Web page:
# Can you beat the British Intelligence? (Nonogram Solver)

It is time to embark on a perilous quest to defeat the British Intelligence. The aim of this challenge is to write the shortest code that will solve a Nonogram.

# What is a Nonogram?

The rules are simple. You have a grid of squares, which must be either filled in black or left blank. Beside each row of the grid are listed the lengths of the runs of black squares on that row. Above each column are listed the lengths of the runs of black squares in that column. Your aim is to find all black squares. In this puzzle type, the numbers are a form of discrete tomography that measures how many unbroken lines of filled-in squares there are in any given row or column. For example, a clue of "4 8 3" would mean there are sets of four, eight, and three filled squares, in that order, with at least one blank square between successive groups. [1][2]

So the solution to the above Nonogram would be:

# Implementation Details

You can chose to represent the Nonogram however you would like and take it as an input in whatever way you deem fit for your language. Same goes for output. The aim of this challenge is to literally just get the job done; if you can solve the nonogram with whatever output your program gives, that is valid. One caveat is you can't use an online solver :)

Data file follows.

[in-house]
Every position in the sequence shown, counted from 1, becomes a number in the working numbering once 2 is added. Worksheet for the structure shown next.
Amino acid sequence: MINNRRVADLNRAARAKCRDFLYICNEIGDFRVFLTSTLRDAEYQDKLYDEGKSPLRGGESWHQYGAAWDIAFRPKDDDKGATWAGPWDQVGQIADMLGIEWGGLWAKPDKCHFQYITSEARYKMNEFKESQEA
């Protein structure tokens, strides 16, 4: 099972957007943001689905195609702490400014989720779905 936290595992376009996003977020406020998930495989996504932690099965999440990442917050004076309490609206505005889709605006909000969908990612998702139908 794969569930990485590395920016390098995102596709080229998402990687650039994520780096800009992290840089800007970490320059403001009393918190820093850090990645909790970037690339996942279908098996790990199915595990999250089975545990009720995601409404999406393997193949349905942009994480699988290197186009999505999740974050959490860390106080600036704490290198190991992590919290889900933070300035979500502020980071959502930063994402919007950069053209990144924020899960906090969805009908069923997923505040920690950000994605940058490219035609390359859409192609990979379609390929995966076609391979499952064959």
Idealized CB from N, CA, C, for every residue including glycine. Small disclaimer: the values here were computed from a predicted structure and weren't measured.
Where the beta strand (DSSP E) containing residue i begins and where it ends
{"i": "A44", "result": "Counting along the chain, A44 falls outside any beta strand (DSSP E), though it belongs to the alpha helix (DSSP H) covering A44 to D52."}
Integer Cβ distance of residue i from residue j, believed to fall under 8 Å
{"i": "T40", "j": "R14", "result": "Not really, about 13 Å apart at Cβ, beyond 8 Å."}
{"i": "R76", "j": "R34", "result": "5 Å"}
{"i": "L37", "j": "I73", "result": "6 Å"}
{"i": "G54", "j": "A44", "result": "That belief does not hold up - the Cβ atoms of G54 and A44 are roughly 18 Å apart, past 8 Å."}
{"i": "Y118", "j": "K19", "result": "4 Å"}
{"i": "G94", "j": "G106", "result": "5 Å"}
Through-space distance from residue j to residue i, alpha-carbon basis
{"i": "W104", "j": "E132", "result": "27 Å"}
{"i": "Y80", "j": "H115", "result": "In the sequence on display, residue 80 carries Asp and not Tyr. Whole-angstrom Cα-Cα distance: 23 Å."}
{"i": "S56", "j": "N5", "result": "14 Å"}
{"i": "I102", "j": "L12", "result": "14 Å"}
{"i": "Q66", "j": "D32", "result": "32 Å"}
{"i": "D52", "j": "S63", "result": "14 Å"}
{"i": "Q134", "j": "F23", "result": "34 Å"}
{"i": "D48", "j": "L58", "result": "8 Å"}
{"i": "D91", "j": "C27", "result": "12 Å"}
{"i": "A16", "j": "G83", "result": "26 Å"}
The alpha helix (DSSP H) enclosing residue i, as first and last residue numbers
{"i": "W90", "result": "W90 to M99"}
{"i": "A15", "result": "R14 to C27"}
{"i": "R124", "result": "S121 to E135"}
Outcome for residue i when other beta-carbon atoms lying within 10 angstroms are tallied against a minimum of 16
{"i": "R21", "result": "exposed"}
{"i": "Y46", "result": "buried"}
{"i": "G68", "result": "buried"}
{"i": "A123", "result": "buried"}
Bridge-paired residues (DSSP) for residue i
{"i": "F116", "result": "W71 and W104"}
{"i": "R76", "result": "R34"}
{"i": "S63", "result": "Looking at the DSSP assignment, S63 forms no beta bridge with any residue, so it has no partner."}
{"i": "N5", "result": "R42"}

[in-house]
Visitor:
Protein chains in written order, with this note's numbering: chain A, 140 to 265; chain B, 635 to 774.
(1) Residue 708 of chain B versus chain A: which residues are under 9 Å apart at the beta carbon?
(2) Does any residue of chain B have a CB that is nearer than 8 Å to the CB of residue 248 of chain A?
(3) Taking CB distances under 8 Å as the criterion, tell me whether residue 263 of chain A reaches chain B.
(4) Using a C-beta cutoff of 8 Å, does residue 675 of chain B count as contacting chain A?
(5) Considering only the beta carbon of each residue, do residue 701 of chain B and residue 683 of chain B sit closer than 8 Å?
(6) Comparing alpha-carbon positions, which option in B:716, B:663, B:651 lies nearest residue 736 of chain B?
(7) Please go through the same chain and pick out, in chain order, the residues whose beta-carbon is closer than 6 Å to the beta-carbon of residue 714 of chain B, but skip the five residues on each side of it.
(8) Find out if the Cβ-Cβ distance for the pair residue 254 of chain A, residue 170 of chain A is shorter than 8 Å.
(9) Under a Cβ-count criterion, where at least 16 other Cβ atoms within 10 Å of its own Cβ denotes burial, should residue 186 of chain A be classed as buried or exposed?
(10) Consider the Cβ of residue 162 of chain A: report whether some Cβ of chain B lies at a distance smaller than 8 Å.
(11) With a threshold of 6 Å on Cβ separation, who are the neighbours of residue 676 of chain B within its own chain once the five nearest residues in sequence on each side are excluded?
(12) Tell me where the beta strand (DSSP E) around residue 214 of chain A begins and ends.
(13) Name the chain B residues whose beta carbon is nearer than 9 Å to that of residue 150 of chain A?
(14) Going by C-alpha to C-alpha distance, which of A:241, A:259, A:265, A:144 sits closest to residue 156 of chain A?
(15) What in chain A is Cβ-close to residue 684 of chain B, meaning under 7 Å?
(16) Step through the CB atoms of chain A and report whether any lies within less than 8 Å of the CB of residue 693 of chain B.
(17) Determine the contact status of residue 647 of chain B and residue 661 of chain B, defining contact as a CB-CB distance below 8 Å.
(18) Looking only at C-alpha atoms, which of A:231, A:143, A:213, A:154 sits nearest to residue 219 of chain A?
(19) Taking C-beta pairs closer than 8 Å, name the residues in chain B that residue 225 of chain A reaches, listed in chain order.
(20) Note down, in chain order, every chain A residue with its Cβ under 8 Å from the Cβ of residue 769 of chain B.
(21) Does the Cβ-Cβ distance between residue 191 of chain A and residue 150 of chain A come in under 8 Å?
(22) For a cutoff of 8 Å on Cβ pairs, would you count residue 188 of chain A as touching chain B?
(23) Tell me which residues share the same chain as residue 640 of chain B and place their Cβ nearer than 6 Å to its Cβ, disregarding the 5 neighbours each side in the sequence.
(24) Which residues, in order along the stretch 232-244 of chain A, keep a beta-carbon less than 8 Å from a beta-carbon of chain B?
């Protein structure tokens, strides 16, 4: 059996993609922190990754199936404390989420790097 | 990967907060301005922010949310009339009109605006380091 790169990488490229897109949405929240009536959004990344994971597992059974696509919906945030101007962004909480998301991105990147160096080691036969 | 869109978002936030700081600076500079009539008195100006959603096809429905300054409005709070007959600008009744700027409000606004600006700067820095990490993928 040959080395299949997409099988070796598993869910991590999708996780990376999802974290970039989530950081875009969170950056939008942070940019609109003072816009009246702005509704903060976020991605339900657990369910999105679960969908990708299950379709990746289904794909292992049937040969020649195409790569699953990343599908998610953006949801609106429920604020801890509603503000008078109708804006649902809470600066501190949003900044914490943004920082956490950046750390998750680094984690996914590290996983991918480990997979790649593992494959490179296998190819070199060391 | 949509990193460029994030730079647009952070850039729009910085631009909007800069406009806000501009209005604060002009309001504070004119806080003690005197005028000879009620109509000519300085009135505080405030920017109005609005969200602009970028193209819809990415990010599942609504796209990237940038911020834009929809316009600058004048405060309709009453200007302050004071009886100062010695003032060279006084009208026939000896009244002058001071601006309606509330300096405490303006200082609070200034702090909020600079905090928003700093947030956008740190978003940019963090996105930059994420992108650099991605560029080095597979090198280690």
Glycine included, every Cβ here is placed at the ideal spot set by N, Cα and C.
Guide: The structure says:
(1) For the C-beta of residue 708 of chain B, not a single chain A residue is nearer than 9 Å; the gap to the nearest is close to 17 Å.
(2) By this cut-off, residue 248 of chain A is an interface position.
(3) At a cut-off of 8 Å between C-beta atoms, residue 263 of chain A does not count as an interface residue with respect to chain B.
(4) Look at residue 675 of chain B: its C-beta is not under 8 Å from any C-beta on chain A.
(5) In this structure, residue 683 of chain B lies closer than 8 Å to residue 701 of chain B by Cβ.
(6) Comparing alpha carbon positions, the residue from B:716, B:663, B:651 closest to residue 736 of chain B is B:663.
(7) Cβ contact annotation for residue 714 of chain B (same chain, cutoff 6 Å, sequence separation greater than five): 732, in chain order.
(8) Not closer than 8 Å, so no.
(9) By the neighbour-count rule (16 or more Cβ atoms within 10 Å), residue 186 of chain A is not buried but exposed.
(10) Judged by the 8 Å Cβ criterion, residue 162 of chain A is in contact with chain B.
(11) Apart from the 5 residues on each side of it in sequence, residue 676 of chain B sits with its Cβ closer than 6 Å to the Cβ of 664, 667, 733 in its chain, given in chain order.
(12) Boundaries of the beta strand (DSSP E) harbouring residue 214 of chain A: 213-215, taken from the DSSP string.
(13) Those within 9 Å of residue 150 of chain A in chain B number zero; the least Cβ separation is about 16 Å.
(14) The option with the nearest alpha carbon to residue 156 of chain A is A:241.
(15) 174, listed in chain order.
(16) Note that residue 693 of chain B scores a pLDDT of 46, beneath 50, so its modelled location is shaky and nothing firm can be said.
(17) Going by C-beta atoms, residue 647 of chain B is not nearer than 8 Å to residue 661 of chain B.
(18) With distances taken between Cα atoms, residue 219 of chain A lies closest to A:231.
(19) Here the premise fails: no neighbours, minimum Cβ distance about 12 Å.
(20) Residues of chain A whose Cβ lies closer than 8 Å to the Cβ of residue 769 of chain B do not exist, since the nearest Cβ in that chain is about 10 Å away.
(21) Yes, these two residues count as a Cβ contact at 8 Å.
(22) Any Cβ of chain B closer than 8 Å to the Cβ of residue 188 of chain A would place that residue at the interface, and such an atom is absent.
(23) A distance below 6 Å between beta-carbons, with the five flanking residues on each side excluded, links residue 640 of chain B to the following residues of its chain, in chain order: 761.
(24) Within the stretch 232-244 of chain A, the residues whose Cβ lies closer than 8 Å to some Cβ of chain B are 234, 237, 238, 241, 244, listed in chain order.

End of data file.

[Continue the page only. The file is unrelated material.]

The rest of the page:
This problem is very algorithmically challenging (np-complete) in that there is no completely efficient solution to it and as such, you won't be penalized for not being able to solve larger ones, although your answer will be heavily rewarded if it is able to handle big cases (see bonus). As a benchmark, my solution works for up to roughly 25x25 within 5-10 seconds. To allow for flexibility amongst different languages, solutions that take less than 5 mins for a 25x25 nonogram are good enough.

You may assume a puzzle in always a square NxN nonogram.

You can use this online nonogram puzzle maker to test your solutions.

# Scoring

You are, of course, free to use any language you want and since this is code golf, the entries will be sorted in the order: accuracy -> length of code -> speed. However, don't be discouraged by code golfing languages, answers in all languages that show attempts at golfing in an interesting way will be upvoted!

# Bonus